“School choice” wouldn’t emerge onto the national scene until after Brown v. Board of Education (1954) and the various forays into moral corruption and social decay wouldn’t become staples of the nation’s highest court until a decade after that. The rest of the Lochner Era was largely about how freedom meant letting corporations do whatever they wanted to workers because those being exploited had just as much theoretical control over the outcome as their gilded overlords did. (They didn’t put it in those exact terms.) Between 1897 – 1937, the Supreme Court struck down nearly 200 different statues, most as violations of “freedom of contract” or other violation of “economic substantive due process.”
The Lochner Era (1897 – 1937), however, is named for a case representing a judicial philosophy which dominated the nation’s highest court for nearly forty years. For over a generation, the Court pushed back against the reform efforts of the Progressive Era and gave FDR fits by overturning many of his best efforts to regulate industry during the Great Depression. They laid the foundation for the modern “school choice” movement by uncovering new rights related to parenting and families. In the process, they brought to life an understanding of the Fourteenth Amendment that would end up securing the rights of American citizens to contraception, gay sex, and abortions.
The dilemma of any effort to compile “must know” Supreme Court cases is deciding where to draw the line. If you narrow it to a list of 12, there are at least 3 or 4 others that really MUST be added in the name of consistency. If you expand the list to, say... 24, you're sacrificing another half-dozen that should simply NOT be neglected if you're to retain ANY credibility.
Is It Constitutional Now? How About Now? Or Now?
Three Big Things:
1. After it became clear that state-sponsored prayer was no longer a realistic option in public education, states began experimenting with the idea of a “moment of silence” during which students could pray (although no one had ever suggested that they couldn’t).
This is something I lifted from Rhonda Johnson who used to teach with me in Tulsa and who’s still kicking young minds towards greatness there. Rhonda is one of the most entertaining and intellectually challenging people I’ve ever known, and I appreciate her agreeing to let me sponge off of her in this way.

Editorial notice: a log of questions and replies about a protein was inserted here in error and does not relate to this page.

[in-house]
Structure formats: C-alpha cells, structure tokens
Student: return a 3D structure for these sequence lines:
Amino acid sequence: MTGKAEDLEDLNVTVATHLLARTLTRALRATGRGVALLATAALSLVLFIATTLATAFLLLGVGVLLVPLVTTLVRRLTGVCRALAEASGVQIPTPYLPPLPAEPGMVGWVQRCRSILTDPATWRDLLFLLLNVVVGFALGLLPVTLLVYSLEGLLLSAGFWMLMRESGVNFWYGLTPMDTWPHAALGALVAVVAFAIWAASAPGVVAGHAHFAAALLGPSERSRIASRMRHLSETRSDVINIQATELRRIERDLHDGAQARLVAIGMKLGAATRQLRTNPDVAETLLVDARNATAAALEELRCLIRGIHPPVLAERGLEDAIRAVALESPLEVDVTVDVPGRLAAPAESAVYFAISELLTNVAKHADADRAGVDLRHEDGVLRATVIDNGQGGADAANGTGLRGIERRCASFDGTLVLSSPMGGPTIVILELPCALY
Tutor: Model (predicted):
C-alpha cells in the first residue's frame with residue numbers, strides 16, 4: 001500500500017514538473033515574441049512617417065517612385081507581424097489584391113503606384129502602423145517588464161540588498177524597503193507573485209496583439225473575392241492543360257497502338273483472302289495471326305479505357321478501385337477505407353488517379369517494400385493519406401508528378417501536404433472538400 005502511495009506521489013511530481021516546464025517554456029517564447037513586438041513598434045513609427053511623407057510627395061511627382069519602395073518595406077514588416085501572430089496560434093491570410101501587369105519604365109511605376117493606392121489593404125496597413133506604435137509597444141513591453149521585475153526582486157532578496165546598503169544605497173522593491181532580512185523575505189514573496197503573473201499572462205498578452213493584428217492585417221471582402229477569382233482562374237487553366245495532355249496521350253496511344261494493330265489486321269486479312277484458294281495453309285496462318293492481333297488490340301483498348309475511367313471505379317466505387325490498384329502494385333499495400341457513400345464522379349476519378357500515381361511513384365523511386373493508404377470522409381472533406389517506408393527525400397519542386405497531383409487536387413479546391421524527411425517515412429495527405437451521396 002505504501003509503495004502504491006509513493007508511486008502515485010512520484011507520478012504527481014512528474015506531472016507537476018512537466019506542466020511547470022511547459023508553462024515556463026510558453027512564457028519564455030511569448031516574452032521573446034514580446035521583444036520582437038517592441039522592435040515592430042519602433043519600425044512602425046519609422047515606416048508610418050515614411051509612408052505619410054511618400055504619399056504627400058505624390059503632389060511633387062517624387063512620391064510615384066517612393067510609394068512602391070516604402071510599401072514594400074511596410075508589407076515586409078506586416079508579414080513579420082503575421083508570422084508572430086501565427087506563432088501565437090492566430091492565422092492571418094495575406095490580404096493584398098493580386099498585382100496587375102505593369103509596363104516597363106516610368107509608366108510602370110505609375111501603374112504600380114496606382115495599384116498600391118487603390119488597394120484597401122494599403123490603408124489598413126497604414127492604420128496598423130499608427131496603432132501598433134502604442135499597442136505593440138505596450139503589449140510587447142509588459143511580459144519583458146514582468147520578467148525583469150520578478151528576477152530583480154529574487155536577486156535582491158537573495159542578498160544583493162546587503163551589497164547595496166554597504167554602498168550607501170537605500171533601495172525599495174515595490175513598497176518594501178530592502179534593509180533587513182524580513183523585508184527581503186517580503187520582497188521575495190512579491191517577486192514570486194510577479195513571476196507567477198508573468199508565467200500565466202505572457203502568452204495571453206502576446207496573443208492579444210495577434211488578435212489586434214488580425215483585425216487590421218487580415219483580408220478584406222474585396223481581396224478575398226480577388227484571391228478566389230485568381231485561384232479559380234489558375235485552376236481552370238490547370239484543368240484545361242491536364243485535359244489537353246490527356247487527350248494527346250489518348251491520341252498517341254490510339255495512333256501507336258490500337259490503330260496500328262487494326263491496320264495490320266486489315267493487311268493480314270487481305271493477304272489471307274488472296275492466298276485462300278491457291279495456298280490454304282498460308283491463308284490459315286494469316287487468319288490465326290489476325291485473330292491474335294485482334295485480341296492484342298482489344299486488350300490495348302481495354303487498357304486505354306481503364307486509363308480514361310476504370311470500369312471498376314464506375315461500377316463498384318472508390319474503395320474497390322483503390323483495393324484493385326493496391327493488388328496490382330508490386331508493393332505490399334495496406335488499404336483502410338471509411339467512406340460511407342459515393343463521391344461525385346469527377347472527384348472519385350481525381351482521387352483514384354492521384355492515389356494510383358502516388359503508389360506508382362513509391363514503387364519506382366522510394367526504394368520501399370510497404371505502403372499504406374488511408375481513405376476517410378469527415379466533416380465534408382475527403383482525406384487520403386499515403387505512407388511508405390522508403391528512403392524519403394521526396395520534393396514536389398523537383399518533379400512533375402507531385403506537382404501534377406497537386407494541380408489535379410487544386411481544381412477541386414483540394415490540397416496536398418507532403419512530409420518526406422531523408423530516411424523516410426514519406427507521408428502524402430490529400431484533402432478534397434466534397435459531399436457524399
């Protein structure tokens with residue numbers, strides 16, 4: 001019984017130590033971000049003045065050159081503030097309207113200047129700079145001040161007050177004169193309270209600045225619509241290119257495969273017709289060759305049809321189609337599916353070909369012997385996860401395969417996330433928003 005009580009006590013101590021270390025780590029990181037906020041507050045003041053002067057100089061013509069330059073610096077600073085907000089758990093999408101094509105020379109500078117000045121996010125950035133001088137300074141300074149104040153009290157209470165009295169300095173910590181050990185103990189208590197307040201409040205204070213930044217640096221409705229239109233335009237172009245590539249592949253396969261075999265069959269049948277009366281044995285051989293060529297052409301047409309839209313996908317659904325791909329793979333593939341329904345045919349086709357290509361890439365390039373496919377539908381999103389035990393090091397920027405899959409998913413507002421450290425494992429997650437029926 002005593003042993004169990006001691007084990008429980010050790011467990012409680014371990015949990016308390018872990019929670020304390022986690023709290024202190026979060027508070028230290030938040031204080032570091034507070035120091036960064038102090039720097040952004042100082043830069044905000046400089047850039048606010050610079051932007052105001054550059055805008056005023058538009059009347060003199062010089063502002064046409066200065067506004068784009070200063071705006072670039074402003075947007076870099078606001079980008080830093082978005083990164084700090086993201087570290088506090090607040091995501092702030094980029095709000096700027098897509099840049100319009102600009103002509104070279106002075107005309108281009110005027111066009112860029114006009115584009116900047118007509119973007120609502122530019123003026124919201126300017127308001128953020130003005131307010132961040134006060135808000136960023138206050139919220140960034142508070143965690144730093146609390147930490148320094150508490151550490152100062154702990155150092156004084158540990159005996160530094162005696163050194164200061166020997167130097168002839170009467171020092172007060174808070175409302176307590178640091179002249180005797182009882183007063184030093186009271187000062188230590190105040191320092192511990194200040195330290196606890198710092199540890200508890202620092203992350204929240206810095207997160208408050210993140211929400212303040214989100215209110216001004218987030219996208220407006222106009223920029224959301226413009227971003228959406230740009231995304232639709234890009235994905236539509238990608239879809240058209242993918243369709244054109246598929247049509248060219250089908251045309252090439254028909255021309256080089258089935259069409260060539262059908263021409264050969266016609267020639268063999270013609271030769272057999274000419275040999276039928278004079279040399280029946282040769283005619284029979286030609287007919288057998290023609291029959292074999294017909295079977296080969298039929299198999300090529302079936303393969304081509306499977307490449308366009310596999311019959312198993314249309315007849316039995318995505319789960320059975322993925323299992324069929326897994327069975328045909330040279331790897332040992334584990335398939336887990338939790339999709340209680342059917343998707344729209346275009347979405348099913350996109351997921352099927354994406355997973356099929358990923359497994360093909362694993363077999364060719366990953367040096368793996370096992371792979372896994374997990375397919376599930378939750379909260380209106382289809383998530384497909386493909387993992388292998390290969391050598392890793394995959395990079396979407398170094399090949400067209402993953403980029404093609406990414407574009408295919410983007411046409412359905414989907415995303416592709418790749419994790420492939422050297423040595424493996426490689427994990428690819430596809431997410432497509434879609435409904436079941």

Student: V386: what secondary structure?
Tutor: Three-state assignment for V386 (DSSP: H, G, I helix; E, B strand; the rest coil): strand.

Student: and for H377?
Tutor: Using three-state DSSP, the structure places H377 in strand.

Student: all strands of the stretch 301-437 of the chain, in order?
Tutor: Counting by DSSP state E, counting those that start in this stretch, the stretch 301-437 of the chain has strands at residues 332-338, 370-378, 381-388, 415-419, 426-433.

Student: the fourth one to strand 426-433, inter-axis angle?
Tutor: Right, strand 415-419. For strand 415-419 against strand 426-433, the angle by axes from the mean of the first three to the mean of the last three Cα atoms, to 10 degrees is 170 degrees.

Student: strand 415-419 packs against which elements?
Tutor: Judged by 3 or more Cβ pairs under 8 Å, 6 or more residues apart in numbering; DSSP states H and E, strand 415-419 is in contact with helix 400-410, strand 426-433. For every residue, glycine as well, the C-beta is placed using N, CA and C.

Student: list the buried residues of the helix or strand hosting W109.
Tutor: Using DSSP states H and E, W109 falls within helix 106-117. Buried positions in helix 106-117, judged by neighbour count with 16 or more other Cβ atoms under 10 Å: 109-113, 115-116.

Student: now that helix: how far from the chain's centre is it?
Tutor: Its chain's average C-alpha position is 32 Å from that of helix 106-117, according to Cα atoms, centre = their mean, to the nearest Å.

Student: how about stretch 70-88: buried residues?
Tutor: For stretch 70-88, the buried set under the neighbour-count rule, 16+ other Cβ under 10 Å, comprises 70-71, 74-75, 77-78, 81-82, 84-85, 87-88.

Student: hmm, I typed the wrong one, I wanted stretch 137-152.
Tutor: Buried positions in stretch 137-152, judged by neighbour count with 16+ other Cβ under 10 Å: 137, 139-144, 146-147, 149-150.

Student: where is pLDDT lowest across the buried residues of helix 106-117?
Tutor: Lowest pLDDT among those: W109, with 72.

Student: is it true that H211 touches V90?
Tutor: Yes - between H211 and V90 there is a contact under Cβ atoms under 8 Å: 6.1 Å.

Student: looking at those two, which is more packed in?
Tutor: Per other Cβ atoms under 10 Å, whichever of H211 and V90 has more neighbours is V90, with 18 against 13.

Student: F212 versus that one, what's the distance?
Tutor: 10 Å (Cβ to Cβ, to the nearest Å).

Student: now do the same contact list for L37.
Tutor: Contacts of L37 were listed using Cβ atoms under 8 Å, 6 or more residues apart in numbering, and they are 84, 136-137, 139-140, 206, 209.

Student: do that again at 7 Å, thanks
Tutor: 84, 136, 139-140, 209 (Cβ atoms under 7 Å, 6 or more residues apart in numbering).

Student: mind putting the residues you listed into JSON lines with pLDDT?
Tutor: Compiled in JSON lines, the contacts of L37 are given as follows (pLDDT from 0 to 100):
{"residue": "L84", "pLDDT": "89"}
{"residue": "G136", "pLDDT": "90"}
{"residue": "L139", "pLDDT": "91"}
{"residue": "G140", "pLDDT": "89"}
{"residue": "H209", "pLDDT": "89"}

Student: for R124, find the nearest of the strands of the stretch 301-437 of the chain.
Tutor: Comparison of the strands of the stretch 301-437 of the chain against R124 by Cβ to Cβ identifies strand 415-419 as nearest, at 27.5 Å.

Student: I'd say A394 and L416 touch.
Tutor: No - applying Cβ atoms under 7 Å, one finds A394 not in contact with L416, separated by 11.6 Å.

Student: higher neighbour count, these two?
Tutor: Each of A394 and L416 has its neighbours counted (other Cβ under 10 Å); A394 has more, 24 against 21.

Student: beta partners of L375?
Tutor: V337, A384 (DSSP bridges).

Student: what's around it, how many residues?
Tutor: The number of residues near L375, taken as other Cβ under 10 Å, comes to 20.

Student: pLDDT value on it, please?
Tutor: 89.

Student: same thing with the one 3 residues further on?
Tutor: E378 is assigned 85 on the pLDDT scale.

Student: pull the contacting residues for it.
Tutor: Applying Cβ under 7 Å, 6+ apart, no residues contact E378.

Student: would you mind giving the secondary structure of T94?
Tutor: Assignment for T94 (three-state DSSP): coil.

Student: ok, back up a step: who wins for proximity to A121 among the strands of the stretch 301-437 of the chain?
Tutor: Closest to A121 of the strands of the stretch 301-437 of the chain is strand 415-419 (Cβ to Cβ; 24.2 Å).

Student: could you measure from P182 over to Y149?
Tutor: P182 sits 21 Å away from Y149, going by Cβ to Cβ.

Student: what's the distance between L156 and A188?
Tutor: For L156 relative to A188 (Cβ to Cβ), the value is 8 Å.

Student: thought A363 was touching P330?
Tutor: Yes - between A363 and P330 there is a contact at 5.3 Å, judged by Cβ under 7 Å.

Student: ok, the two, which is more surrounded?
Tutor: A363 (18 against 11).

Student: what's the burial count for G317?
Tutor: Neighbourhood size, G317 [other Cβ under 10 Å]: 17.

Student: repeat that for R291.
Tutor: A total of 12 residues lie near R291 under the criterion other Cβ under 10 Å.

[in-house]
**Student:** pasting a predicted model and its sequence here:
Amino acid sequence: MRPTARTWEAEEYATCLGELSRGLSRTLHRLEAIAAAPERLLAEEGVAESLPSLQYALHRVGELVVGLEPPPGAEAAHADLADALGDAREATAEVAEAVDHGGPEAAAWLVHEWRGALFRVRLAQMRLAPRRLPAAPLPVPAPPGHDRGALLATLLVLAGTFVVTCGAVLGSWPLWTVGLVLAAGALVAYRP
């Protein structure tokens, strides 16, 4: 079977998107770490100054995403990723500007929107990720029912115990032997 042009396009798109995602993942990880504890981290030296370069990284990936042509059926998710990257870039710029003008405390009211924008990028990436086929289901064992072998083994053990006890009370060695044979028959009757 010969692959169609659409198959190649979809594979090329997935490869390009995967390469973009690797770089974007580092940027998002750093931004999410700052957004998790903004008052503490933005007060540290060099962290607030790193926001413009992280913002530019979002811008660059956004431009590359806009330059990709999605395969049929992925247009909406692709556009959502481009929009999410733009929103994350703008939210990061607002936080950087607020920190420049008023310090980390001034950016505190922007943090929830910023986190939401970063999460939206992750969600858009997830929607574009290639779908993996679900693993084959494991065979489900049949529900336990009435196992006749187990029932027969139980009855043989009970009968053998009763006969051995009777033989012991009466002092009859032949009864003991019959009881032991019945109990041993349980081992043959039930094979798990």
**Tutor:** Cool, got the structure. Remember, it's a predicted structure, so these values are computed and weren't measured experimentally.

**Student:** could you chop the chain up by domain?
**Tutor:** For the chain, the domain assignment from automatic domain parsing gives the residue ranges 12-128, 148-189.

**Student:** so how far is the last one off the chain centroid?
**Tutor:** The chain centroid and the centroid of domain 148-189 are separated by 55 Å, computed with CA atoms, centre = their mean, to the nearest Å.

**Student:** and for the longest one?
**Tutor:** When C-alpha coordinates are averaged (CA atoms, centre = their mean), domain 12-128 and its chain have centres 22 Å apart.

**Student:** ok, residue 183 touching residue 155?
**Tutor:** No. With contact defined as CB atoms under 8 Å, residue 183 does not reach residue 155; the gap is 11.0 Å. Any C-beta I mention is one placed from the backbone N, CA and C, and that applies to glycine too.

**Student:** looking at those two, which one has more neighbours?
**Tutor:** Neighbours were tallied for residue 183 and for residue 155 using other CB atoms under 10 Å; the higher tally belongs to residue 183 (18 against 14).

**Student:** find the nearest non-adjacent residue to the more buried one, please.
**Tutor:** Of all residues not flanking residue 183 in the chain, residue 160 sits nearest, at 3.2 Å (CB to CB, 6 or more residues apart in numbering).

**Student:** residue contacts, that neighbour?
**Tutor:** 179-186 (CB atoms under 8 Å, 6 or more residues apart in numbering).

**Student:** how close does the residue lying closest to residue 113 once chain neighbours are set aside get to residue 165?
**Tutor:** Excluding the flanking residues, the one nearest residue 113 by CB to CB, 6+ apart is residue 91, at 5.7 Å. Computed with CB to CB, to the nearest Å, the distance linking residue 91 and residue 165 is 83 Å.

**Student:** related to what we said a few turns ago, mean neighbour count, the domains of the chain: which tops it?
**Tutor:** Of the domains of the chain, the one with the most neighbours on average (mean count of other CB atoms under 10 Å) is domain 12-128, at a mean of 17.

Then again, why should this be any different than anything else I’ve borrowed from her over the years?
I started using variations of what I’ve come to simply think of as “Those Circle Things” in workshops, in class, and sometimes just to annoy friends at parties. They make great bellringers, discussion-starters, and I’ve even used them as informal assessments.
They’re also pretty easy to use with Google Slides or Pear Deck or whatever technological platform makes you tingle, and work equally well for synchronous or asynchronous discussion. They're especially useful when you need ideas for "e-learning" on snow days, or when you’re huddled at home hiding from the coronavirus and wondering if you’ll have to throw out the bottled water and granola bars you left in your desk three months ago when you assumed we’d be back in a few weeks and god I need a haircut...
Three Big Things:
1. Responsible for the best-known and arguably most influential set of legal codes in the ancient world. Key issue: they were written down and publicly posted.
2. Brought Mesopotamia together as a more-or-less united empire (this time with Babylon as the seat of central authority) for the first time since Sargon six centuries prior.
3. Seriously, the written law thing. It’s just huge. “An eye for an eye”? That was his. Innocent until proven guilty? Also his, although not phrased quite so smoothly. A chance for the accused to defend themselves? Punishment fitting the crime? Throwing people in rivers to see if they float? That’s Hammurabi, baby.
Three Big Things:
1. The Swahili Coast was an important part of the Indian Ocean Trade Network in the 12th – 15th centuries. It’s a useful historical example of trade networks, cultural diffusion, and interaction between man and environment.
2. Over time, the people of the Swahili Coast evolved into a series of independent city-states sharing a common language (Swahili), a common faith (Islam), and a coherent economic system (er… “Trade”) – all of which were adapted and substantially modified to fit their local needs and collective culture.
3. The Swahili Coast declined after the Portuguese tried to take over Indian Ocean trade and mandate adherance to their superior Euopean whims. It didn’t work, but it did enough damage that the glory days were no more.
As I write this, the nation is getting restless with all of this Covid-19 “shelter in place” stuff. The daily body count is a constant feature on any 24/7 news channel, and there are some real concerns about how we survive economically even if most of us eventually get through it medically. I’m not going to argue the science, the economics, or even the politics of the thing at the moment.
The Supreme Court’s decision in Stone v. Graham was announced on November 17th, 1980. Less than two weeks earlier, Ronald Reagan had been elected President of the United States, initiating what would later be called the “Reagan Revolution” – a resurgence of conservative values and policies anchored in an idealized past. The events leading to Stone began years earlier, but its outcome sent a message to the faithful in the 1980s similar to that of Engel v. Vitale and Abington v. Schempp two decades before: American’s fundamental values (meaning public promotion of Christianity) were under attack by intellectual elitists… aka “liberals.” And some of them wore robes.